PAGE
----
It is no surprise, human beings are the leading cause of wildfires in the U.S. (more than 98% of fires in Hawaii are caused by people). But now, thanks to scientists, we know the extent of the issue: humans cause 84% of forest fires nationwide! Prevention education is so important - we hope that you can continue to help HWMO spread the word about preventing wildfires to protect our communities, lands, and waters. 

From the Source:

"As a result, Balch says, not only are people causing the vast majority of wildfires, they're also extending the normal fire season around the country by three months."

"I think acknowledging that fact is really important," she says, "particularly right now when we have evidence that climate is changing, and climate is warming, and that fires are increasing in size and the fire season is increasing."

Puako Among Seven New Firewise Communities in Hawaii As of 2016

Aerial photo of Puako community fuelbreak.

Over the last few decades, Puakō has had many encounters with wildfires, one of which burned down six homes in 1987. Increased human activity in the area along with more frequent and severe drought periods and unmanaged vegetation have been recipes for increased wildfire hazards and occurrences in the area. The 2007 fire prompted the creation of Puakō’s nearly 3-mile long fuelbreak with the facilitation of a U.S. Forest Service Wildland-Urban Interface grant from Hawaii Wildfire Management Organization (HWMO). HWMO is a 501(c)3 nonprofit organization based in Waimea that has been providing the Hawaiian Islands with nationally recognized wildfire protection services since 2000. We serve as the hub of the collaborative wildfire efforts of government agencies, nongovernment organizations, and communities across Hawaiʻi. For more information, go to hawaiiwildfire.org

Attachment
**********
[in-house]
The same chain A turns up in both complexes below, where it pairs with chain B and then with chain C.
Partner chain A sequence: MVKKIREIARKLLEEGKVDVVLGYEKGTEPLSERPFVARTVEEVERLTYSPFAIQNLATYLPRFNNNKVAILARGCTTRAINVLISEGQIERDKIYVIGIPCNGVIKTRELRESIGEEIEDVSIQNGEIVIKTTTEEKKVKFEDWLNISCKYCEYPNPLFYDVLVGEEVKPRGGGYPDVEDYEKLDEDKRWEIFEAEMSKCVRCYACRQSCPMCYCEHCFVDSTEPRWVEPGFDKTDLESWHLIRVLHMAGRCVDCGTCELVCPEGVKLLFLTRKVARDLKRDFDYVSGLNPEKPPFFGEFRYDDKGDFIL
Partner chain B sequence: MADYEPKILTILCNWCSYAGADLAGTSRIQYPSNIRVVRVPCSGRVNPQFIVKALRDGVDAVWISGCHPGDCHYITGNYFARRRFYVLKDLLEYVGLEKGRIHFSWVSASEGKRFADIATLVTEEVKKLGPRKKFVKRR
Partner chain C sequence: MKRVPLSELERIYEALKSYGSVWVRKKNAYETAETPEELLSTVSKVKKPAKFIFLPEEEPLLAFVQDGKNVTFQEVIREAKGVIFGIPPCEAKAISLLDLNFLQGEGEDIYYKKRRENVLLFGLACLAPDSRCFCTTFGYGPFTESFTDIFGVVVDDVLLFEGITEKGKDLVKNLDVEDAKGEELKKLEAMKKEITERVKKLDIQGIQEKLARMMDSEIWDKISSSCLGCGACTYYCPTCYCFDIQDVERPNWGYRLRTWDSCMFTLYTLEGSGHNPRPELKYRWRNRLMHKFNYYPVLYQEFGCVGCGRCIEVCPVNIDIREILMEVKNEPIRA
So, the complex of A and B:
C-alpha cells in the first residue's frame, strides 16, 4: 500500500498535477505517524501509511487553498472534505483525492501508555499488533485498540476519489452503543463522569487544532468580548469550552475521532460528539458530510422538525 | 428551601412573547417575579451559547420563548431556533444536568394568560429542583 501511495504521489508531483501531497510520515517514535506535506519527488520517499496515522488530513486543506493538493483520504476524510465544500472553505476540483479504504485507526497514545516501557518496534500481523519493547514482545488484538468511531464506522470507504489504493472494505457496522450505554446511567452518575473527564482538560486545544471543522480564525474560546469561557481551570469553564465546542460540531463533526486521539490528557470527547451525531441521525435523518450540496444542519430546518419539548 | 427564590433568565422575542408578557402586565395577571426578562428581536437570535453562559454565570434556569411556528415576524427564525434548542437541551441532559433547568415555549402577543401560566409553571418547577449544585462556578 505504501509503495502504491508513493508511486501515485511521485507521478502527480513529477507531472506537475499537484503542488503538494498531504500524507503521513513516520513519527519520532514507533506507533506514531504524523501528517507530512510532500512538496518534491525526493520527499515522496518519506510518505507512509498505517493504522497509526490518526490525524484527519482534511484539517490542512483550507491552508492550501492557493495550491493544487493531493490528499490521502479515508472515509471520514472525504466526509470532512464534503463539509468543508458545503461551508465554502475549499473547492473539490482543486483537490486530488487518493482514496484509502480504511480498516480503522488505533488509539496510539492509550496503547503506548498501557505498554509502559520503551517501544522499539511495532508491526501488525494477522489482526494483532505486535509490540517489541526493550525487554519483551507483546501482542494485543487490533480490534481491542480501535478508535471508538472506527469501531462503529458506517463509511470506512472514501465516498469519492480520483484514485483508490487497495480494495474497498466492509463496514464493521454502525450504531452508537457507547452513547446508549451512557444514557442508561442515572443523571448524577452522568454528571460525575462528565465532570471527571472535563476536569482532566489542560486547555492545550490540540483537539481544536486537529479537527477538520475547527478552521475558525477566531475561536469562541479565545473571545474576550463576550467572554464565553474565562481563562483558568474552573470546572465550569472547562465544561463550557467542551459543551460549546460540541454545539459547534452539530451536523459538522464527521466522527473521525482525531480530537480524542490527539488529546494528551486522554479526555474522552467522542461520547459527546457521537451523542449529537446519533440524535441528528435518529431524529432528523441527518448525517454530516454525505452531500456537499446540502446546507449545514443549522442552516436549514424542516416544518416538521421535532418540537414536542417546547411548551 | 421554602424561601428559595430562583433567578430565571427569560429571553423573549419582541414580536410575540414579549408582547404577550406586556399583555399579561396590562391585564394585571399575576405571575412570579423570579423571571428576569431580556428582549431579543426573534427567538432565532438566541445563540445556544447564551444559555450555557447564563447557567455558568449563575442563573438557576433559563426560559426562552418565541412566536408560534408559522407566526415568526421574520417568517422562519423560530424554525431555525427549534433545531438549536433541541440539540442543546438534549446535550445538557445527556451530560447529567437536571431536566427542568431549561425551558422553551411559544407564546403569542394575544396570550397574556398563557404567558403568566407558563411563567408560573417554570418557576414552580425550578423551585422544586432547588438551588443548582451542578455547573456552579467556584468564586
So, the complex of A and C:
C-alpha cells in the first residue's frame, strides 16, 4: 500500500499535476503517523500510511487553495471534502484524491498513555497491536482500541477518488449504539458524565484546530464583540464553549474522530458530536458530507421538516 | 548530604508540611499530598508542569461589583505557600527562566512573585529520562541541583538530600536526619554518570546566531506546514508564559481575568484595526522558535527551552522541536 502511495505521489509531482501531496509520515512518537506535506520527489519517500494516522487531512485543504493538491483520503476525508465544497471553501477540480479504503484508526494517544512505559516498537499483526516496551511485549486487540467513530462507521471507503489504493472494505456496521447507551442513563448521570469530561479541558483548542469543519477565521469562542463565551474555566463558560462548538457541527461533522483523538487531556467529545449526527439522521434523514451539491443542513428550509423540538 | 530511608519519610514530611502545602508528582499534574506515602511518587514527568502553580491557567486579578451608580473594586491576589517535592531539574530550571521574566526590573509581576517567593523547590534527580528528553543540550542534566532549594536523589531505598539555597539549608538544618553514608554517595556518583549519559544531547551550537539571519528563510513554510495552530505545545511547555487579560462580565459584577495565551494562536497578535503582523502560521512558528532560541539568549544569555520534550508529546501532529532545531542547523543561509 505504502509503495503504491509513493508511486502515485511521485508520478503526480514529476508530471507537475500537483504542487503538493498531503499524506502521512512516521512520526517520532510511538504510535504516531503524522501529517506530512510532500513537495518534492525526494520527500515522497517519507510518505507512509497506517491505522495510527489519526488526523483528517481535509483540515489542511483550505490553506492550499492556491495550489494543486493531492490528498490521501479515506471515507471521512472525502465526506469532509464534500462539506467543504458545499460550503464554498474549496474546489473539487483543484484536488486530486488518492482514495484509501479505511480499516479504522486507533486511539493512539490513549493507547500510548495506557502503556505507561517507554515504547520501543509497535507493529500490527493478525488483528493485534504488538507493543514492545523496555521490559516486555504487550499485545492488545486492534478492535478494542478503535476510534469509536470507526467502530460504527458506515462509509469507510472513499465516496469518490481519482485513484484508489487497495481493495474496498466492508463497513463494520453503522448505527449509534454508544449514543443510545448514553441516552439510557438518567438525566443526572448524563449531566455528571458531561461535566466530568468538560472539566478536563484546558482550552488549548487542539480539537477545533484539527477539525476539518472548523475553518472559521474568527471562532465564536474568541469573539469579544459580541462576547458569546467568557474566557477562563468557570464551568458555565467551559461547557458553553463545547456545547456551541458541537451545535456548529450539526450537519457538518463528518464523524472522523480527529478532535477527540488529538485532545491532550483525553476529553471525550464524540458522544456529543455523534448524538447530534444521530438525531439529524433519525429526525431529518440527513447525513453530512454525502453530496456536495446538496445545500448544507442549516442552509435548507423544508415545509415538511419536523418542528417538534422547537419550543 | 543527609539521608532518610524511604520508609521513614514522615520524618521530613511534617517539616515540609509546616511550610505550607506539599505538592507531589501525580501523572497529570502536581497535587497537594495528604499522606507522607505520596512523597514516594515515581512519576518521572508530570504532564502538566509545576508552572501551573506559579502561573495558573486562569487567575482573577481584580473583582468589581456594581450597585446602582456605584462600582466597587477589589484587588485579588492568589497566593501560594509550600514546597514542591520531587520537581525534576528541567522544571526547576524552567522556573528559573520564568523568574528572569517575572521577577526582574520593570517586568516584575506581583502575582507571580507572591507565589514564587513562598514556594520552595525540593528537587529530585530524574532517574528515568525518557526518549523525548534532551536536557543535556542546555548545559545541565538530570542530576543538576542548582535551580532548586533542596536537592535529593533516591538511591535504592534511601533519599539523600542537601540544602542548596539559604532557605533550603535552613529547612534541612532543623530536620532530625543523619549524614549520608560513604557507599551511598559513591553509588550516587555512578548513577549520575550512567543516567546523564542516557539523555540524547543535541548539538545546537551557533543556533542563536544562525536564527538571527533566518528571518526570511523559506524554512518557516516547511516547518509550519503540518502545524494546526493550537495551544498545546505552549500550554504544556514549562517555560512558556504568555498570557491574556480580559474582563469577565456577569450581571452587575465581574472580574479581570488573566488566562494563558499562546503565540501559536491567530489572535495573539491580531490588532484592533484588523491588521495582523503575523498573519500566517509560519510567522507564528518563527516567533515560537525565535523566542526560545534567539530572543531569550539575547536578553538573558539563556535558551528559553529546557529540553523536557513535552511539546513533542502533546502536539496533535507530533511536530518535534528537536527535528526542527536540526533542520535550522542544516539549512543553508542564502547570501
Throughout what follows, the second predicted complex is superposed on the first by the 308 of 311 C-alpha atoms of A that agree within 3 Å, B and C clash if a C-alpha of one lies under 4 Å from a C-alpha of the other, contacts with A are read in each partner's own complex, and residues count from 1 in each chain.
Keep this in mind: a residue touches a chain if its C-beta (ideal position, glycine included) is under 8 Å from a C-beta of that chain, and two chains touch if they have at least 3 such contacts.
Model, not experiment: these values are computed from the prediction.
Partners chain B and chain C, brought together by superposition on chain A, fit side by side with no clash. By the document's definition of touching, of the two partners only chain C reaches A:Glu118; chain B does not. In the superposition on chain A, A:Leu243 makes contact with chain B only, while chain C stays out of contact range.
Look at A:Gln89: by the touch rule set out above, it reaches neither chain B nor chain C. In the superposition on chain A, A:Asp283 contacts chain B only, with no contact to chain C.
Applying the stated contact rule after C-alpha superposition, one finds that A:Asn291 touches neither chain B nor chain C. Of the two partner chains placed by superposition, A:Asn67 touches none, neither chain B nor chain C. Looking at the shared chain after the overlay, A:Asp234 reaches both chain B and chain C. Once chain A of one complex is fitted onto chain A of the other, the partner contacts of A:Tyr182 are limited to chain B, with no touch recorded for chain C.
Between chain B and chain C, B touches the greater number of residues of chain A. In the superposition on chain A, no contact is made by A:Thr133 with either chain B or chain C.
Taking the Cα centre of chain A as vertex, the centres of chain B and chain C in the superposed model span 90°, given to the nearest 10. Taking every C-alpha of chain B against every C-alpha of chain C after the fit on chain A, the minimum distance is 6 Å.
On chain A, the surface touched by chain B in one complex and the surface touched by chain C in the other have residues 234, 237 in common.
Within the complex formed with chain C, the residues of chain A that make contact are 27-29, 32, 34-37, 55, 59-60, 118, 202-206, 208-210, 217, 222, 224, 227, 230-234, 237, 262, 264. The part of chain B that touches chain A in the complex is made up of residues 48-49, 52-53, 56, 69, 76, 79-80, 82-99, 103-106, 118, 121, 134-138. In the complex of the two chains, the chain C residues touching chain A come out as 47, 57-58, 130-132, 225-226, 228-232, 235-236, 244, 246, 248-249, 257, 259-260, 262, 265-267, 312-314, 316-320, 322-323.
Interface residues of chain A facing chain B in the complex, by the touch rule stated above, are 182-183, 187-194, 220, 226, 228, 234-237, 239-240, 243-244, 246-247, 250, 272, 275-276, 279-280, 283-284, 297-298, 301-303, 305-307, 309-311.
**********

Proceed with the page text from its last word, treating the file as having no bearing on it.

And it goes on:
Some of the members of the Puako Firewise Committee who helped the community achieve Firewise Communities recognition.

In 2016, Puakō residents concerned with the wildfire issues in their community, came together to form a Firewise Committee that would work towards Firewise Community recognition. The NFPA Firewise Communities Recognition Program, which over 1,300 communities are currently participating in, certifies communities that have banded together to reduce their wildfire risks through a five-step process. HWMO is pleased to announce that, thanks to the efforts of proactive residents in the community and help from various partners, Puakō is now an official Firewise Community as of 2016. The benefits of being a Firewise Community include community-building, increasing wildfire awareness, gaining greater access to funding and assistance, and possible reduction to insurance costs in the near future. Most importantly, a Firewise Community is better protected from wildfire. Puakō now joins 6 other new Firewise Communities on Maui and Hawaiʻi Island that HWMO was able to assist this past year, making it a total of 9 communities with this honor.